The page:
Expressing deep concern over growing attacks on religious minorities by Hindutva outfits in India, religious freedom activists based in the US criticised Prime Minister Narendra Modi for his failure to stop the violence.
Participating in a recent event titled “Religious Freedom in India: A Briefing on Capitol Hill”, organised by the Indian American Muslim Council (IAMC) on the Capitol Hill in Washington D.C., the activists urged Modi to condemn such violence against religious minorities as well as take all necessary measures to curb the rise of Hindutva extremism and punish the Hindutva groups involved in violence. IAMC is the largest advocacy organisation of Indian Muslims in the US.
In a statement, Katrina Lantos Swett, former Chair of the United States Commission on International Religious Freedom (USCIRF), an independent bipartisan federal commission tasked with defending religious freedom outside the U.S, said, “Inflammatory rhetoric and a conception of India’s national identity increasingly based on religion have contributed to an atmosphere of intimidation, exclusion, and even violence directed at non-Hindus.
Lantos Swett, who is the daughter Tom Lantos, the only Holocaust survivor to have ever been elected to U.S. Congress and who founded the Congressional Human Rights Caucus, said “We see it in the lack of accountability for large-scale communal violence such as the horrors we know took place in Uttar Pradesh and Gujarat, and in the more individualised crimes committed against members of minorities faiths,” she said at a briefing held in a Senate Building before an audience that also included Congressional staffs, officials from the Department of State and USCIRF, and civil society members.
Matthew Bulger, Legislative Director of the American Humanist Association, a U.S. organisation promoting theism and agnosticism since 1941, said that compared with global religious freedom standards, “India is failing”.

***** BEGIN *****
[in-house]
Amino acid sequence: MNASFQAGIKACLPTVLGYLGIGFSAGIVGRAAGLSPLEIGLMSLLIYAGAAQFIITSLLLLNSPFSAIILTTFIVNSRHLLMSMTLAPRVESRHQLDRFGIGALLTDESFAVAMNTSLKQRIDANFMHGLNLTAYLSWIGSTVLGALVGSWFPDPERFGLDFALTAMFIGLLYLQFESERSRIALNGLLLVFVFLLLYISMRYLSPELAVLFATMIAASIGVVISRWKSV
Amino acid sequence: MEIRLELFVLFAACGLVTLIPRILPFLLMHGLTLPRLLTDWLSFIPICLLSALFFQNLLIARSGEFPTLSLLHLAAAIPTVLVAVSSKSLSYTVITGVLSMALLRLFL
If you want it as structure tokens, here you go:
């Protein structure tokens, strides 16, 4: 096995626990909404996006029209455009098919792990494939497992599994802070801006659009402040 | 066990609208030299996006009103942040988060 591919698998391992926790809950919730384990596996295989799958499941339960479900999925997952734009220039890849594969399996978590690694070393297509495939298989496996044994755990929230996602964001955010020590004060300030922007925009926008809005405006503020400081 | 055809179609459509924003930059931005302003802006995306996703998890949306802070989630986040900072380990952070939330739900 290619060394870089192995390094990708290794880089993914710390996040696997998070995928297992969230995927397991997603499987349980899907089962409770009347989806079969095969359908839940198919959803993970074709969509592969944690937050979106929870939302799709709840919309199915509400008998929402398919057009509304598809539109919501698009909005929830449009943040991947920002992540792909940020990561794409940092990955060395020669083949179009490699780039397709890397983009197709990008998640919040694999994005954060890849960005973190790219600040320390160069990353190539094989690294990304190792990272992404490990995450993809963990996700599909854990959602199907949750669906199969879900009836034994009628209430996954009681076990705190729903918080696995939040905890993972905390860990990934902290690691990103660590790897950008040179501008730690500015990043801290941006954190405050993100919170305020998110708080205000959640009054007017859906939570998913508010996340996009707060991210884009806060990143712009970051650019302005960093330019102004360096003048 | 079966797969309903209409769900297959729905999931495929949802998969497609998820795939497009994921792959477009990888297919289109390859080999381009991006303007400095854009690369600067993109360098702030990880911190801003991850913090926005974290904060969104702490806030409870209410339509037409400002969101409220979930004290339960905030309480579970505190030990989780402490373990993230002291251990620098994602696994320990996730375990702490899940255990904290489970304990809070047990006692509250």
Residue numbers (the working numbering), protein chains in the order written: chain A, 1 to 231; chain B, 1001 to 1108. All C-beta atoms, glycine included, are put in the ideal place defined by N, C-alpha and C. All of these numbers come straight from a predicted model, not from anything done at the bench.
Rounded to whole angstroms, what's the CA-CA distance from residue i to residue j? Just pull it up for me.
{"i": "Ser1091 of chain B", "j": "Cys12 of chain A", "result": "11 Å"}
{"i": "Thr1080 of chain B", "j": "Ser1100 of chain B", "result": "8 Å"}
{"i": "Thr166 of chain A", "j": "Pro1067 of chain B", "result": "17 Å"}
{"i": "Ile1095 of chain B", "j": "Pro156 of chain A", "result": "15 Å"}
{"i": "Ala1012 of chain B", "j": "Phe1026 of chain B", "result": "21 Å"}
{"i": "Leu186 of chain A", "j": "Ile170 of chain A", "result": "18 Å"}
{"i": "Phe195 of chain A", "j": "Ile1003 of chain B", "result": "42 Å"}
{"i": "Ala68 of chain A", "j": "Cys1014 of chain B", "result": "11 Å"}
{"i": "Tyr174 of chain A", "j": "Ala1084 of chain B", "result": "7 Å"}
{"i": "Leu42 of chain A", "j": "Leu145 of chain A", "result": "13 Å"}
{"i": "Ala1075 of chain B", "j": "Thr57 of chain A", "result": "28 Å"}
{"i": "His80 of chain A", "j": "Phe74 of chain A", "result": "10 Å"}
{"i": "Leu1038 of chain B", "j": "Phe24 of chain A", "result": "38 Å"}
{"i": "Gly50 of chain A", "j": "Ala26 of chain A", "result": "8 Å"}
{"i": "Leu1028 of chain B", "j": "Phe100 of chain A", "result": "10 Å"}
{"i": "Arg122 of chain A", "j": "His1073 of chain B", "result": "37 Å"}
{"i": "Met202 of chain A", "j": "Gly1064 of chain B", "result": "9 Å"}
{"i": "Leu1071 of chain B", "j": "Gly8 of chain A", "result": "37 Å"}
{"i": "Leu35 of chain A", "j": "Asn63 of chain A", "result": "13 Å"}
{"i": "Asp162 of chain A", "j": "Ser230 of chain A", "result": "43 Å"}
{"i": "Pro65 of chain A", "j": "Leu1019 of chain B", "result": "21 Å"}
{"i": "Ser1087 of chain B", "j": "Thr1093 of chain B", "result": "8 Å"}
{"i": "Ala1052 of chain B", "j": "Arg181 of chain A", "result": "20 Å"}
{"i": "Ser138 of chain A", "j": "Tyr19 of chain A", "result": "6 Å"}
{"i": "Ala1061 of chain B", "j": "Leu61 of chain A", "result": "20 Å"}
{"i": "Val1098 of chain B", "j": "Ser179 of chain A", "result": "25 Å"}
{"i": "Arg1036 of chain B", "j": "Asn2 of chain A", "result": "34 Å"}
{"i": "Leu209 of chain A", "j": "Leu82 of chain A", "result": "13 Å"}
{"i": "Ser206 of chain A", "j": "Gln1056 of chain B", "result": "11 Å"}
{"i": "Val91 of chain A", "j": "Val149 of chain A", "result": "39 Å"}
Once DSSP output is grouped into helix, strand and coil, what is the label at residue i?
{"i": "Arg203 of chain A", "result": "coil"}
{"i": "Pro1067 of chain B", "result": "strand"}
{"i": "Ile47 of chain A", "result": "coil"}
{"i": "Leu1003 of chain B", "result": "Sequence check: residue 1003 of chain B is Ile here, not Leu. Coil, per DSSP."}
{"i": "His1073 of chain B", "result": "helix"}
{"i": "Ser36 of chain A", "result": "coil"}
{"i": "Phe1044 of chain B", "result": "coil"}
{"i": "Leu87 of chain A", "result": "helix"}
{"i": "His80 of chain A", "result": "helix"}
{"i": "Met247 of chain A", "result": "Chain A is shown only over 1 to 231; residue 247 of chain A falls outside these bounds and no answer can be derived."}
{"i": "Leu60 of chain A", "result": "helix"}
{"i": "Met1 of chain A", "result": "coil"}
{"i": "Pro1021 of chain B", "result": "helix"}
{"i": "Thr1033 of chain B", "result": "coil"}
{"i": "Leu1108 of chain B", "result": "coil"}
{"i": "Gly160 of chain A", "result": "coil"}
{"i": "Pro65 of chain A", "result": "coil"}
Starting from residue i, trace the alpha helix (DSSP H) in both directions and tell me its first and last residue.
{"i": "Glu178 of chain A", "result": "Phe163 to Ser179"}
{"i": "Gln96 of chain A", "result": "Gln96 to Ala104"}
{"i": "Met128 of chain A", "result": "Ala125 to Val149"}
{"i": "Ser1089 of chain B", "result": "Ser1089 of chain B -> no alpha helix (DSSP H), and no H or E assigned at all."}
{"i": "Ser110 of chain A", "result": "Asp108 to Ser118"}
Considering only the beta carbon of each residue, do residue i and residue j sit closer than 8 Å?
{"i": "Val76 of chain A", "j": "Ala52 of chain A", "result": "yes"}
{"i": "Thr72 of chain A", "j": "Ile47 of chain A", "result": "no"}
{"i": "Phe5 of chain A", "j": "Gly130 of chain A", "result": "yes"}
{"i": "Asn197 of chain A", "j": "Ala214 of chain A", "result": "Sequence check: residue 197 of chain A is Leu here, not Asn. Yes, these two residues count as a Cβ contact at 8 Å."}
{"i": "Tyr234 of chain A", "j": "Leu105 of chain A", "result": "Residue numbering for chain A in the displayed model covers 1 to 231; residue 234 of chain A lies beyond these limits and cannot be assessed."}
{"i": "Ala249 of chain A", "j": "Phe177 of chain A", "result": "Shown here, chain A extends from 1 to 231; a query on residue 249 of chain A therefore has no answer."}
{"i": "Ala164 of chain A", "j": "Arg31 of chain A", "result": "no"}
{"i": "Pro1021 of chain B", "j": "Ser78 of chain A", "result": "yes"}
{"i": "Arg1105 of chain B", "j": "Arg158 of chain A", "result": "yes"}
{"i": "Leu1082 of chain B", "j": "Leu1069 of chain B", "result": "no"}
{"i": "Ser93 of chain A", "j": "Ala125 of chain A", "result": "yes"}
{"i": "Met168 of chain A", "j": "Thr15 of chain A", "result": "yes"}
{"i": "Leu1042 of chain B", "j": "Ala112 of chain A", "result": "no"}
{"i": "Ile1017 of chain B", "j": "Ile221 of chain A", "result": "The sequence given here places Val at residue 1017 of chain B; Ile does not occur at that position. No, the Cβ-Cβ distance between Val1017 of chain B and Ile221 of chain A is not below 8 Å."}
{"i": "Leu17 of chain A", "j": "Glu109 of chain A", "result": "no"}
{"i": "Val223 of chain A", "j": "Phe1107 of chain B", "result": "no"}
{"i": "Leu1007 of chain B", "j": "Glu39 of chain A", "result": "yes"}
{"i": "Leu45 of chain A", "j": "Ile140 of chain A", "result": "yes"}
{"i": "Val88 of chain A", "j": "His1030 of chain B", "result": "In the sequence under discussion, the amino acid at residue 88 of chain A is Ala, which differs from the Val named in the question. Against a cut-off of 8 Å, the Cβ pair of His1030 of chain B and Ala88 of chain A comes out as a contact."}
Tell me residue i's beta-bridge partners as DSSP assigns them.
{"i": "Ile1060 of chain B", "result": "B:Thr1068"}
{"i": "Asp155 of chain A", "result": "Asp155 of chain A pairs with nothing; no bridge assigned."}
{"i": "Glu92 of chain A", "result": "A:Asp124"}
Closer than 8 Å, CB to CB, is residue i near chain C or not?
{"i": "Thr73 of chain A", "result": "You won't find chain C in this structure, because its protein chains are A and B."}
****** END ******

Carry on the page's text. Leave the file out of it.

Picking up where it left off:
In a press release issued by IAMC, Bulger said section 295A of the Indian Penal Code was “relic” of British colonial law and “essentially a blasphemy and anti-religious incitement law “inconsistent with the pluralistic and democratic values India publicly accepts. Laws which restrict religious freedom can serve as a catalyst for vigilante violence, such as that seen in India recently regarding the lynchings by Hindu nationalists of people, most often Muslims, suspected of smuggling or killing cows.” He noted that although Pehlu Khan, a Muslim dairy farmer murdered by cow vigilantes in April 2017, named six suspects in his “death-bed statement”, criminal charges against them were dismissed. “Sadly, this is not an isolated case, as over a dozen similar murders have happened in the last two years alone.”
The event also noted the “worsening” situation of Dalit in India. Rev. Sarah C. Anderson-Rajarigam, a Dalit Christian Lutheran church priest from Philadelphia, said “Modi’s government has deliberately and openly made violence against Dalits a non-issue by offering impunity.” Pawan Singh, a Sikh representing the Organisation for Minorities of India, said “pseudo institutions” connected with the “fascist ideology” of the Rashtriya Swayamasevak Sangh, such as the Hindu Swayamsevak Sangh, the Bajrang Dal and the Hindu American Foundation “were a threat to our freedom”.
Sunita Viswanath, co-founder of Sadhana: Coalition of Progressive Hindus, a New York-based non-profit, said the “chilling repression of open debate and political expression” in India and the violence against Muslims and Christians was alarming.
Viswanath noted that the police had named the Sanatan Sanstha, an extremist Right-wing Hindutva organisation, for the September 2017 killing of Gauri Lankesh, a Bangalore-based activist and journalist. “The Sanatan Sanstha was also involved in the killing of other activists,” she said. “Despite this, it has not yet been banned or classified as a terrorist organisation,” she was quoted as saying in the IAMC press release.